By Ramon Frederick Adams, Ramon F. Adams
"This gigantic e-book, by way of a famous bibliographer of the West, is past query the fairest, such a lot whole and such a lot discovered evaluate of revealed references to western outlaws to seem until eventually now....It will stand for a few years, strong as a rock amid the flooding maelstrom of western fantasy and legend, pointing up the reality approximately these males of the earlier who lived by means of their wits and their weapons. will probably be most unlikely for a person learning that period and such males to take action irrespective of this volume."—Los Angeles Times"Adams turns back to the books and histories of the western gunmen and outlaws and significantly examines 425 titles, such a lot of which expense as ’burs’ less than his saddle. Ramon Adams’ plea is that the writers needs to cease compounding each one other’s error into legend. during this publication, with nice ability and with no malice, he has mentioned earlier errors. His booklet will be within the crucial luggage of each author on western outlaws and on each library shelf."—American West"The price of this booklet to writers and historians of the badman culture can't be over priced, for Adams has changed rumors, myths, and falsehoods with documented ancient proof. it's a ebook for all conscientious scholars of and writers at the American West; henceforth, any author of ’authentic Western historical past’ who refuses to envision with Adams may be, because the pass judgement on stated to Billy the child in a single legend, 'hanged through the neck till useless, useless, dead.'"—Southwest evaluate
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Additional resources for Burs Under the Saddle: A Second Look at Books and Histories of the West
Abbott's knowledge of outlaws, like that of most old-timers, is evidently from hearsay. He says that Sam Bass was his father's wagon boss before he went to Texas. This statement could not be correct because Bass went directly to Texas from Rosedale, Mississippi, when he was in his late teens and was inexperienced in cow work. On page 10 the author writes: "Sam Bass was my father's wagon boss. He wasn't an outlaw thenjust a nice, young, quiet fellow. He was with us most of the winter, but in March, '72, after the winter broke, he rode to Lincoln, where he bought a new rope, having broke his, pulling bogged cattle.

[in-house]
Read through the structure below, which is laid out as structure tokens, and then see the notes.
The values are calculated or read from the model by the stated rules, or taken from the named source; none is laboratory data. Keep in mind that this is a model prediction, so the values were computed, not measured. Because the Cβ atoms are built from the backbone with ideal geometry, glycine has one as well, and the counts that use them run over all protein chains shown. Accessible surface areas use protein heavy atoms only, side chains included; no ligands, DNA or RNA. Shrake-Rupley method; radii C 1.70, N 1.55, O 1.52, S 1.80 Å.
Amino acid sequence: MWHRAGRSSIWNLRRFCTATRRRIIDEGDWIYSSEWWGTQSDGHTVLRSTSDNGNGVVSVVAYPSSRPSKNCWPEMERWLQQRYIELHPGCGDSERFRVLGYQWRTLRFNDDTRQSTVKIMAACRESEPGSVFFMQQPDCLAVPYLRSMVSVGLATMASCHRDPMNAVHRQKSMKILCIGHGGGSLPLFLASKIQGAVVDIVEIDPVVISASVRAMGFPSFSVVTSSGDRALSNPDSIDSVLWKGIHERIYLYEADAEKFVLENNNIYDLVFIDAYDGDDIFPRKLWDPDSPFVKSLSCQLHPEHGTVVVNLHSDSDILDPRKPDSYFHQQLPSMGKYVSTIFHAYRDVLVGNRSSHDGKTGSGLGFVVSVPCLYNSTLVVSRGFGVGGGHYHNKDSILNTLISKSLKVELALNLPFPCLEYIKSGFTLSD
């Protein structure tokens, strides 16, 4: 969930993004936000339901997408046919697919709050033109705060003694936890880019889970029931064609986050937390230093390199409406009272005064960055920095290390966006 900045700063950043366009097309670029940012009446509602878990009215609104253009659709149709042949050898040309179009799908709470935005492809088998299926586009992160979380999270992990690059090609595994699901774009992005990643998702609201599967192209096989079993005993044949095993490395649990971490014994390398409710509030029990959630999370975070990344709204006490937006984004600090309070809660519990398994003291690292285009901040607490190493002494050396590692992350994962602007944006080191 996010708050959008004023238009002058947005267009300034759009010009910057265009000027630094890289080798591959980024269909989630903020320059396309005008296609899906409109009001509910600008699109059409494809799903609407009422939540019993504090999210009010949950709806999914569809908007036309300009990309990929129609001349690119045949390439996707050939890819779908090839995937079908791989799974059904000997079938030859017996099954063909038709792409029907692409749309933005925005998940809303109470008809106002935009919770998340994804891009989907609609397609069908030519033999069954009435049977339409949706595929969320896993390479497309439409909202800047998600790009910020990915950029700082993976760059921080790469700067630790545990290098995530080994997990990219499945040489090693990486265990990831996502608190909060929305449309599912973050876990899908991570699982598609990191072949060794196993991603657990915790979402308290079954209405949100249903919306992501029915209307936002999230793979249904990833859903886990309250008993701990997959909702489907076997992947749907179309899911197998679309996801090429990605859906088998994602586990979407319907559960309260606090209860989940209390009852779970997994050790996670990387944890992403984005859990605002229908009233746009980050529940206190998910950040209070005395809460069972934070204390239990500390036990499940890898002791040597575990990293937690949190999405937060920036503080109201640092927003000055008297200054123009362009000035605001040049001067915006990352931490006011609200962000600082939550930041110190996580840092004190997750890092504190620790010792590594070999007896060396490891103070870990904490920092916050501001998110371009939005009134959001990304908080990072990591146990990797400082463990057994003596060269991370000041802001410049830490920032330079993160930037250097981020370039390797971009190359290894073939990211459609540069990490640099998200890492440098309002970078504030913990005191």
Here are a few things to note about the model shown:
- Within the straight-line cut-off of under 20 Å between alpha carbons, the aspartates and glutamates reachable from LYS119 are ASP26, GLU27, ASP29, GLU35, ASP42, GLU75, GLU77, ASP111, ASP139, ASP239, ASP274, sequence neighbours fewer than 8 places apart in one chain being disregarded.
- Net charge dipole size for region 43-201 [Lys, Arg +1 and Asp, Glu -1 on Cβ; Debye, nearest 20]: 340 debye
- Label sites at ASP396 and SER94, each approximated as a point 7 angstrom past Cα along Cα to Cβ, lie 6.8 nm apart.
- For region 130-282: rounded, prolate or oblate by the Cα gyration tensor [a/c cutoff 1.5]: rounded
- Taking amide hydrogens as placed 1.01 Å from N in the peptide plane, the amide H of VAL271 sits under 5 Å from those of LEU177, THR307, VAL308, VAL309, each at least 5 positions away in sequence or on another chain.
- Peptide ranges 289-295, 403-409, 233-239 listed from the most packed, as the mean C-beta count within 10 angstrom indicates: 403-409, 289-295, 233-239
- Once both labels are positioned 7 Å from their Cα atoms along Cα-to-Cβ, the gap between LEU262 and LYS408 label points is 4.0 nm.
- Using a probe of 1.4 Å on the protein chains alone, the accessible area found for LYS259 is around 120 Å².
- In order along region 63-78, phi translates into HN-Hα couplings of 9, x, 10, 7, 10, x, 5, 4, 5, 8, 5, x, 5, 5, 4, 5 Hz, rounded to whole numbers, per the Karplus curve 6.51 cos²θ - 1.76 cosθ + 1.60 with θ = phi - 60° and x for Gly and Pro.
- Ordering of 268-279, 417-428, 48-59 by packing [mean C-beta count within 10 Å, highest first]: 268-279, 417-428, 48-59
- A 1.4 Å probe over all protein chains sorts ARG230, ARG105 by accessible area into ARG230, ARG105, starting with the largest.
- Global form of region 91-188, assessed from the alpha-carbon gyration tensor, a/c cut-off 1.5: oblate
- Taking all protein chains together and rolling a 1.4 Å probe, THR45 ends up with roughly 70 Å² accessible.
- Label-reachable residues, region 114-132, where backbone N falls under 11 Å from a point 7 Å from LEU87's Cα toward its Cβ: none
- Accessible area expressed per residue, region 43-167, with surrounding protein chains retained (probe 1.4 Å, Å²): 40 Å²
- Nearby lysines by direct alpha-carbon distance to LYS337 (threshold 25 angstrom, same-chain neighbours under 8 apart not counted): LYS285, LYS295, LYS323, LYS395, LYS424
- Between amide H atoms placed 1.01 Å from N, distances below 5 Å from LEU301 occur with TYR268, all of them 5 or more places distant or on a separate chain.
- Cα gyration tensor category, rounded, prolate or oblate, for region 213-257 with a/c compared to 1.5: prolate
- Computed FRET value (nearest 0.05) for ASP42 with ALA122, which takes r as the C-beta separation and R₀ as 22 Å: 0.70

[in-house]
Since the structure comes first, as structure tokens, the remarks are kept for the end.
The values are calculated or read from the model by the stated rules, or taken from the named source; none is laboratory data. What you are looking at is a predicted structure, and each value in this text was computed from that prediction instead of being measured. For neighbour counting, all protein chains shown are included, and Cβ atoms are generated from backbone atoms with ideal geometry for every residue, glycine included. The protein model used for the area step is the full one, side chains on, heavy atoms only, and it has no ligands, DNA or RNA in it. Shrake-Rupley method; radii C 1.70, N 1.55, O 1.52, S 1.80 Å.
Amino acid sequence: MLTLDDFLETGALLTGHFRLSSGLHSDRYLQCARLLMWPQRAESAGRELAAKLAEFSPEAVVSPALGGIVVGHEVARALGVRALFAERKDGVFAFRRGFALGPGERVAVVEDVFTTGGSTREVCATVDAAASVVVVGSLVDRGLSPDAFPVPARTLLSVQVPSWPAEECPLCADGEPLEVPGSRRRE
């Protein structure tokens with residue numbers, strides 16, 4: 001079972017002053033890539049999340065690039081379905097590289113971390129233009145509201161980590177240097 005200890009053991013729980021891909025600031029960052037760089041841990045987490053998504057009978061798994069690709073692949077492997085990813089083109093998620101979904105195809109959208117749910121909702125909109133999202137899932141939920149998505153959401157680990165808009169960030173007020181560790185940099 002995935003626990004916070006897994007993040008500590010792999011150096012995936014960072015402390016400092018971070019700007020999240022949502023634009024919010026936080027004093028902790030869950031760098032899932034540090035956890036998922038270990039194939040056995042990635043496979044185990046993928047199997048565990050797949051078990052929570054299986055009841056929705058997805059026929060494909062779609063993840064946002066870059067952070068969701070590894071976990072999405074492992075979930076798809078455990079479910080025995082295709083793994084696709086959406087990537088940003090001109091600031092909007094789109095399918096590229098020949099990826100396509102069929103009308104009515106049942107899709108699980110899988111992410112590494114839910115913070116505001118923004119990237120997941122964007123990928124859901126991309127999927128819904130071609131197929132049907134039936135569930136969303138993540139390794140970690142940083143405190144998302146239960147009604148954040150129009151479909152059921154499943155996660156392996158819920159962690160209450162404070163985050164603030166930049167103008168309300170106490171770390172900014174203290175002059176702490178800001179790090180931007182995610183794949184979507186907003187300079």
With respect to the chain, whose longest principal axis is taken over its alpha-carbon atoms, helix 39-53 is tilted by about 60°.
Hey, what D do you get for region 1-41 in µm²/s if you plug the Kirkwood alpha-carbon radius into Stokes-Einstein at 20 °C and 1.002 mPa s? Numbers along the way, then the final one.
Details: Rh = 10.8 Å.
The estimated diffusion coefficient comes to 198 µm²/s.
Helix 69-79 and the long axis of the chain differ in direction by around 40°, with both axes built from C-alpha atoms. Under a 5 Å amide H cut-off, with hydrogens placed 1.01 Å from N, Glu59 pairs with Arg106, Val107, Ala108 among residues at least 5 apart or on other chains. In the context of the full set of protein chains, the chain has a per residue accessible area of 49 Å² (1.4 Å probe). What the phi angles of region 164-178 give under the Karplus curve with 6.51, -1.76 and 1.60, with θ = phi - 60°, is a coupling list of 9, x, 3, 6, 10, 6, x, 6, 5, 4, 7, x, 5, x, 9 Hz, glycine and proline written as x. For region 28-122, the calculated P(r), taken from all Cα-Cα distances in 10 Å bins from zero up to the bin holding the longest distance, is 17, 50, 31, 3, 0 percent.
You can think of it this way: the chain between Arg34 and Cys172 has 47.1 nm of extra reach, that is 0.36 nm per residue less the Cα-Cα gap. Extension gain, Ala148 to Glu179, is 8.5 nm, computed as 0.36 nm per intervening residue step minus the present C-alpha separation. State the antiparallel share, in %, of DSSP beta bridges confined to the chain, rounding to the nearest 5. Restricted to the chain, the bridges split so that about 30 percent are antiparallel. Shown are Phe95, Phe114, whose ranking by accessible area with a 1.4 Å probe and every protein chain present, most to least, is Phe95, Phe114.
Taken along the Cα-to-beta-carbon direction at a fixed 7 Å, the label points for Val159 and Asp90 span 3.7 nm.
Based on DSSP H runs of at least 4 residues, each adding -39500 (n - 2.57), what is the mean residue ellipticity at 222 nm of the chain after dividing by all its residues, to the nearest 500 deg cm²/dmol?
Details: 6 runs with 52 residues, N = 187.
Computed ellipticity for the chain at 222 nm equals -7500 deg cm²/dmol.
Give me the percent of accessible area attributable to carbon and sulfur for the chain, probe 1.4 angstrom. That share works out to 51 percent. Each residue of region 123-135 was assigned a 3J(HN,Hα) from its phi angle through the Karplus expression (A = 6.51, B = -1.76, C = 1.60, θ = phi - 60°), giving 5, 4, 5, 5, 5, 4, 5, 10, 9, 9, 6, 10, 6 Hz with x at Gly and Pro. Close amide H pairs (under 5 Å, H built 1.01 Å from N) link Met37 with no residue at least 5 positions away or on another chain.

At the beginning of Chapter IV she states that Wyatt Earp arrived in Tombstone in 1870 instead of 1879; however, this could be a typographical error. " Virgil and his wife, Allie, were the first to arrive in Arizona, having come overland by wagon to Prescott before the other Earps left Dodge City. James and Wyatt accompanied Virgil to Tombstone from Prescott. In writing of Wyatt's tenure of office as marshal at Dodge, she writes that "while marshal in Dodge, Earp earned a thousand dollars in only one month in fees collected by arresting cowboys at only two and a half dollars an arrest.
Then, Sheriff Owens shot the other boys down, with little or no chance for them to protect themselves.... Down through the years there has been much conjecture as to why Commodore P. " This account is entirely different from that of eyewitnesses such as Will C. Barnes. Cooper was at the head of a gang of horse thieves, and Sheriff Owens had orders to get him or resign. Cooper met the sheriff at the door with a gun in his hand, and Owens shot him. He killed the other gang members while they were shooting at him.
Burs Under the Saddle: A Second Look at Books and Histories of the West by Ramon Frederick Adams, Ramon F. Adams